Often times, mixing basically comes down to making sure all your tracks sound great as one. How you achieve that result is up to you, but it needs to involve one main thing: shaping your sounds.
Instead of just making sure all your tracks sound great and your levels don’t reach the red, working on how every single track sounds is your best bet to a great mix. Here’s how.
Take Your Time And Isolate Each Track
The beauty of mixing
is that you can really take your time to work on each track individually, as you should. Over the years, I have made the mistake of just trying to make all my tracks sound nice, but never really shaped each sound the way I should have.
Now it’s time to do it.
I recently saw a tutorial about Izotope’s Alloy 2 and it makes total sense to me – shape your sounds. In the case of Alloy 2, it’s a transient shaper, so you can do some nice stuff with it.
No matter what software you use, the first thing you will want to do is work on the EQ band. Each track needs to have the right band frequencies, otherwise your mix will end up sounding “muddy”.
Here is a guide as to what frequency certain instruments belong to:
- 50-60 Hz: kick drum, bass
- 100-200 Hz: snare, richness
- 200-500 Hz: guitar, piano, vocals, warmness
- 500-1000 Hz: nice tone to many instruments
- 2 kHz: clarity to guitar and vocals
- 5-10 kHz: clarty, give openness to snares
Once you go higher than 10 kHz, only superhumans can really hear it, so don’t worry too much. 🙂
Reverb And Compression Are Your Friends
We all know how it goes: too much reverb and it sounds like you’re on a mountaintop, too much compression and it sounds like it was processed on an assembly line.
Reverb is really, really, awesome. I once had the chance to play with an ASR-10 and it had a reverb setting on it that I would call “infinity” (I can’t remember the actual name), and it was like the reverb was endless. It sounded great on certain instruments like a snare drum, but I can see how a person can get carried away with it.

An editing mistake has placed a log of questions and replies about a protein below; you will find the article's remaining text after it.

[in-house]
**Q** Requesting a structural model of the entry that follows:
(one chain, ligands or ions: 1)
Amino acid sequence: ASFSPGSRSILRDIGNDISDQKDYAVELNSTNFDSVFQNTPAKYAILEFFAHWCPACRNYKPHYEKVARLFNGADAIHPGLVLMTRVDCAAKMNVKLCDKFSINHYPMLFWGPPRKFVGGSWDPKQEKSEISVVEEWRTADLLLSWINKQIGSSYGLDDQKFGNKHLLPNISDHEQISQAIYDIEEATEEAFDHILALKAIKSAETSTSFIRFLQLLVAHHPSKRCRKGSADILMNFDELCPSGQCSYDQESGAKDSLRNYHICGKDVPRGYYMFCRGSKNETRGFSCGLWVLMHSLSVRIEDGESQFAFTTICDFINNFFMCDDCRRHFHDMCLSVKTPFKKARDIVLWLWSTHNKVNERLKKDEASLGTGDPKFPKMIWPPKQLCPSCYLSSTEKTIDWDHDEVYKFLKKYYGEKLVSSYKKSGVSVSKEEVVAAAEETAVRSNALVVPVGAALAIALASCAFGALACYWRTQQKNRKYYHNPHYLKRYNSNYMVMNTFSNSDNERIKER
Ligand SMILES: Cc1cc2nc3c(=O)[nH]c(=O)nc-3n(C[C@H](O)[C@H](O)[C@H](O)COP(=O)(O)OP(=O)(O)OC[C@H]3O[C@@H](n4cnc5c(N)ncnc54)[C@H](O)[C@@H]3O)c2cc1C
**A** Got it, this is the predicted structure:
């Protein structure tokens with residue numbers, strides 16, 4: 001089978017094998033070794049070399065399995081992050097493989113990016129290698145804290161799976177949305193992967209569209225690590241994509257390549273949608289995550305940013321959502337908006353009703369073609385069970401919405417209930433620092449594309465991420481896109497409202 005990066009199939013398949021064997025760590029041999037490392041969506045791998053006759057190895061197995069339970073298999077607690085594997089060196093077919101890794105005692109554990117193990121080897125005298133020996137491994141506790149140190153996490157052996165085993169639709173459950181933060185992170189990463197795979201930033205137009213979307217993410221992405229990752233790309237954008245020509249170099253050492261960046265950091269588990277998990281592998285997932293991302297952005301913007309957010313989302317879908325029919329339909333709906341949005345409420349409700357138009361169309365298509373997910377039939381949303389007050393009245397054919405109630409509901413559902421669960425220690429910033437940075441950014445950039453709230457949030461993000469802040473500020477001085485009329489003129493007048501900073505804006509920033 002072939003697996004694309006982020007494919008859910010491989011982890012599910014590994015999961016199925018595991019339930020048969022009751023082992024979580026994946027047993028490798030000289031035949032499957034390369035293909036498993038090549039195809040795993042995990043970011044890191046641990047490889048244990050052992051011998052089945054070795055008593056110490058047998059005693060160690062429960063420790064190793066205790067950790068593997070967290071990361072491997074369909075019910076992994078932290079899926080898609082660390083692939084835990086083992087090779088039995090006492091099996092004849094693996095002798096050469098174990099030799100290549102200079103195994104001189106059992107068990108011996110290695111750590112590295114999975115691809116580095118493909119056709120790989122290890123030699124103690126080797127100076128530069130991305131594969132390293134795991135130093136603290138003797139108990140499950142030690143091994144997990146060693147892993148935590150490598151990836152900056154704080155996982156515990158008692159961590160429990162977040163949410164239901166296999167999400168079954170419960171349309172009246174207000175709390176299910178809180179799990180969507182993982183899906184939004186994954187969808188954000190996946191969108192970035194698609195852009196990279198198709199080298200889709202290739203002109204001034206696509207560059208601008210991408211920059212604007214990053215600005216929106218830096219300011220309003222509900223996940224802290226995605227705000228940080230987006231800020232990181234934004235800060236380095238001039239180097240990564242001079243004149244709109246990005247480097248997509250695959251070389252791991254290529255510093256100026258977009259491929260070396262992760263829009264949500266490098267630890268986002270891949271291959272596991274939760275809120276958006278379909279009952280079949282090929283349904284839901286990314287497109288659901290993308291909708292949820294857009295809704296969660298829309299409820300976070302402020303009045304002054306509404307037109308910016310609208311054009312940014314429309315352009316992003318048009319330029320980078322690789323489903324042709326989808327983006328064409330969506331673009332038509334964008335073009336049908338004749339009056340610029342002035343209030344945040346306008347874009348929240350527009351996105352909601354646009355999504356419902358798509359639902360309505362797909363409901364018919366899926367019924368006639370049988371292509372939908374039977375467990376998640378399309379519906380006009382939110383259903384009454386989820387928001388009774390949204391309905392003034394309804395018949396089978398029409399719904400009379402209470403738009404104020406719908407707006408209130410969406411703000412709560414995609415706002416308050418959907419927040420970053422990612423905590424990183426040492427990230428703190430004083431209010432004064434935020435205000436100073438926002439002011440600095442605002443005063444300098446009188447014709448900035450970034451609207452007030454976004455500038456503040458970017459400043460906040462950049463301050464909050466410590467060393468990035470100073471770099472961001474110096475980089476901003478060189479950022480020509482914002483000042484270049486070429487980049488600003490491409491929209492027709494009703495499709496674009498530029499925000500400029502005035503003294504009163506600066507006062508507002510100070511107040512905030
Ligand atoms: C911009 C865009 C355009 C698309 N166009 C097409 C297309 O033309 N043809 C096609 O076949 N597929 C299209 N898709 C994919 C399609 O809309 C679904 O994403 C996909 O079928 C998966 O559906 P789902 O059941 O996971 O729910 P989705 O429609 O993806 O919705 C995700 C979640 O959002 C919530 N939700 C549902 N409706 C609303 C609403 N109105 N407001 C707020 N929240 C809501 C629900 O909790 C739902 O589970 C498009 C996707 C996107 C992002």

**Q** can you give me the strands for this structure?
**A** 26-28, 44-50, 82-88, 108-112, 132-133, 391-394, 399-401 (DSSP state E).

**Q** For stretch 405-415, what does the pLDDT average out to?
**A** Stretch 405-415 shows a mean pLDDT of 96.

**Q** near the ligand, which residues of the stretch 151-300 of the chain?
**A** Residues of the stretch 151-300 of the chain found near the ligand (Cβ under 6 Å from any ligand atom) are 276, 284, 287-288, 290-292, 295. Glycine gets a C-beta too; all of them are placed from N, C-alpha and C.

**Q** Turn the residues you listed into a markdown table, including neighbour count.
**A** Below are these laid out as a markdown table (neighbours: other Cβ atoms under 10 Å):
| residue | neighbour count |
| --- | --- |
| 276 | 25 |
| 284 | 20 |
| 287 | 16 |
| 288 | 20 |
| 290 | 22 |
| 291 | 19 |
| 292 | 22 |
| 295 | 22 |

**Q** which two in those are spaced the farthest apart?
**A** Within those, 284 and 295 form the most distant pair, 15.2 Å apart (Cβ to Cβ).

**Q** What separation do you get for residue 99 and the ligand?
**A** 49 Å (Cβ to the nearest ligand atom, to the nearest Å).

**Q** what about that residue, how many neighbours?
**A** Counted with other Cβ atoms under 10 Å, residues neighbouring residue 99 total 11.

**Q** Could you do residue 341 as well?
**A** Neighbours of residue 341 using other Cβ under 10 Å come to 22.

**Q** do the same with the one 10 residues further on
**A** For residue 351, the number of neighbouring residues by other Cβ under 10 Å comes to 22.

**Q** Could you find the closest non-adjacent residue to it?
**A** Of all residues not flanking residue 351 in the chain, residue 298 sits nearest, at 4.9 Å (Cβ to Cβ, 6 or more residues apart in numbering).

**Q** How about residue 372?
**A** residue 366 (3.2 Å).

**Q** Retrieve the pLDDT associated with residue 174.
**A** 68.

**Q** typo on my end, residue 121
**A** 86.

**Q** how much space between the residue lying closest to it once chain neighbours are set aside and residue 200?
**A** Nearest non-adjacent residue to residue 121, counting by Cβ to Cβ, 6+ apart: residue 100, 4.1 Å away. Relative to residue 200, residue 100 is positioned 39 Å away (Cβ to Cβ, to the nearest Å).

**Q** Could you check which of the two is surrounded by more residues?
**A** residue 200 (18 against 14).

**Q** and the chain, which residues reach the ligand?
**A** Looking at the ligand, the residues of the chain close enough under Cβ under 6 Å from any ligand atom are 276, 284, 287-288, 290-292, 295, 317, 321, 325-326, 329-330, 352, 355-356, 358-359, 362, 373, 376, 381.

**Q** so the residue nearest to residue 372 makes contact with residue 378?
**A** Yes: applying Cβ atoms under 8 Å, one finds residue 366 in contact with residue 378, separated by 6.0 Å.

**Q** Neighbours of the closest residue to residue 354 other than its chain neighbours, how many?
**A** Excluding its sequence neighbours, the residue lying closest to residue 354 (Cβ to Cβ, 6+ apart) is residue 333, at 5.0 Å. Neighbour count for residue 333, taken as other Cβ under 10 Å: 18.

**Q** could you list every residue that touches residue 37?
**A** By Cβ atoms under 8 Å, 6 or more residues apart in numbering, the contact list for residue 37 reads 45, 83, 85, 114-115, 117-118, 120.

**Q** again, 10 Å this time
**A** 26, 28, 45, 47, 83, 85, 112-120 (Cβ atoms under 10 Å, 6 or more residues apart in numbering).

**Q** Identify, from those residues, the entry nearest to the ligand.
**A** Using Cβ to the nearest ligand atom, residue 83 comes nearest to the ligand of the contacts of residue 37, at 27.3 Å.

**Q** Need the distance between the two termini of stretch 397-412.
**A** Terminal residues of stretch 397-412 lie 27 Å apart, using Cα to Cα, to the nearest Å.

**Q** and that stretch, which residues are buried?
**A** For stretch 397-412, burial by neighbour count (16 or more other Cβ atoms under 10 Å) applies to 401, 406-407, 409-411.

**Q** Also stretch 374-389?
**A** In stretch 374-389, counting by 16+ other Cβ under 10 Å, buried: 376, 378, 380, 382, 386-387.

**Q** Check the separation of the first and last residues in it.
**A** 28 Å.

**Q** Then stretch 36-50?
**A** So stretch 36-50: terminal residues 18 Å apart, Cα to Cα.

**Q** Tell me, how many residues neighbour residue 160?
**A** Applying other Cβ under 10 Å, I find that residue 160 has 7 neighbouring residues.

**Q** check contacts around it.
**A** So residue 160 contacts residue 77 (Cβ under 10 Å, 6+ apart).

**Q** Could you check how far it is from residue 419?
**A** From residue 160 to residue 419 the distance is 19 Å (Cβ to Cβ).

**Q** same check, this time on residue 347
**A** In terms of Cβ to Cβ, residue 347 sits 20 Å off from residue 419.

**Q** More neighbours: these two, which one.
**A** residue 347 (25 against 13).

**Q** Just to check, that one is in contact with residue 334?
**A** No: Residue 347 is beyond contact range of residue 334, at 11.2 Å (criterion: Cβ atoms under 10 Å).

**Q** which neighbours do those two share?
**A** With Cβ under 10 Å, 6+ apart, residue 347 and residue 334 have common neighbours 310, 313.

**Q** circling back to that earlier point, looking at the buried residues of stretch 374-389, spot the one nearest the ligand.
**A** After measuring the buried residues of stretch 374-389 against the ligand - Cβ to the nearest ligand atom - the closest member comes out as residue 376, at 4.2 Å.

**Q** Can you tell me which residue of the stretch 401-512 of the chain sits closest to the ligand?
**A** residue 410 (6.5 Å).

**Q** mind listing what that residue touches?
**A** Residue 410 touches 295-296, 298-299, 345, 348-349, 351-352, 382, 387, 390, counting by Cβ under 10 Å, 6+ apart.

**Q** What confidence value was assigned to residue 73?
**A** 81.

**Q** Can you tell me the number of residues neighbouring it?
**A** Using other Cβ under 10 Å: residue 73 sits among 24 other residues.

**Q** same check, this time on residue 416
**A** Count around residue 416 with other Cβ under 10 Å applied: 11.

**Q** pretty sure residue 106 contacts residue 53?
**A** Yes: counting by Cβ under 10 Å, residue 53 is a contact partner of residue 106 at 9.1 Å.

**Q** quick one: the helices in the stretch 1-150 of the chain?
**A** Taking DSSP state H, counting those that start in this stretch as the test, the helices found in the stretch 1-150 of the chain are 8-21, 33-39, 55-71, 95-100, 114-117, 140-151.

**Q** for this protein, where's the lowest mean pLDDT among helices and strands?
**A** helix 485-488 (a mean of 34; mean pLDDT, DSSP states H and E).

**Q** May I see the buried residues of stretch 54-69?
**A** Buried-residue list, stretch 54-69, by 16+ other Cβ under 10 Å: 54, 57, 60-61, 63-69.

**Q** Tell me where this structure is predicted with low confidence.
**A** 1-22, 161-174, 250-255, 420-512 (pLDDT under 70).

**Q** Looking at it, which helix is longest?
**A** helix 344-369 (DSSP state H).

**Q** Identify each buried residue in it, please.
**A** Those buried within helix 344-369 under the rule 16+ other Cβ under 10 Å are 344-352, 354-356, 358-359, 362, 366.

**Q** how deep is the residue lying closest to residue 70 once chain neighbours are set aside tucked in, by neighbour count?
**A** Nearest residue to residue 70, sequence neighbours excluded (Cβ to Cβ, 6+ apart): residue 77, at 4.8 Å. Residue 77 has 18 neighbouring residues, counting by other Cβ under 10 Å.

However, if done right – reverb sounds great. When I first started making beats I didn’t use any effects at all. I still don’t use much, but one trick that always make the snare drum sound better is to add just a touch of reverb to it.
Compression, on the other hand, is a great tool but is often overused. Every single time I read an article or watch a video about mixing, all I hear about is compression this and compression that, like as if compression is the end all of effects. The truth is, compression only needs to be used when actually needed, for example, on the master channel when adding effects to the entire mix.
Shaping Each Sound
It’s important to isolate each track and muting the others so you can give all your attention to just that single one. By setting the right EQ, then adding just enough reverb, or any other effect (if needed), each sound from each track will sound perfect.
But of course, you have to occasionally check in with your other tracks.
As you’re working on each track, go ahead every so often and unmute everything else so you can hear how the track sounds along with the rest. You could just work on each one right until the end, then surprise yourself by playing them all back together, but it’s best to check everything progressively.
There are two main goals that you want to achieve:
- Shape each sound.
- Make it sound great.
For example, if you have a Piano track, you could run it through a plug-in that will make it sound dirty or clean, and also EQ it so it will sit perfectly in the mix with everything else. There is no need to rush this process, it’s not a race. The entire mixing process
could take days, if you want it to. Most producers will coast through their mix and not actually take the time to concentrate on each track.
But it makes a big difference.
When I get beat and song submissions, I delete the ones that were horribly mixed. For some, it’s not just the mix itself, but the actual recording – it’s just really bad. If the mix is on point though, then guess what? It sounds VERY professional, and I will definitely check it out and help promote it.
Track isolation is the key to having a great mix. Don’t rush through the mixing process because if you do, your mix will be subpar and could cost you beat sales. Good luck!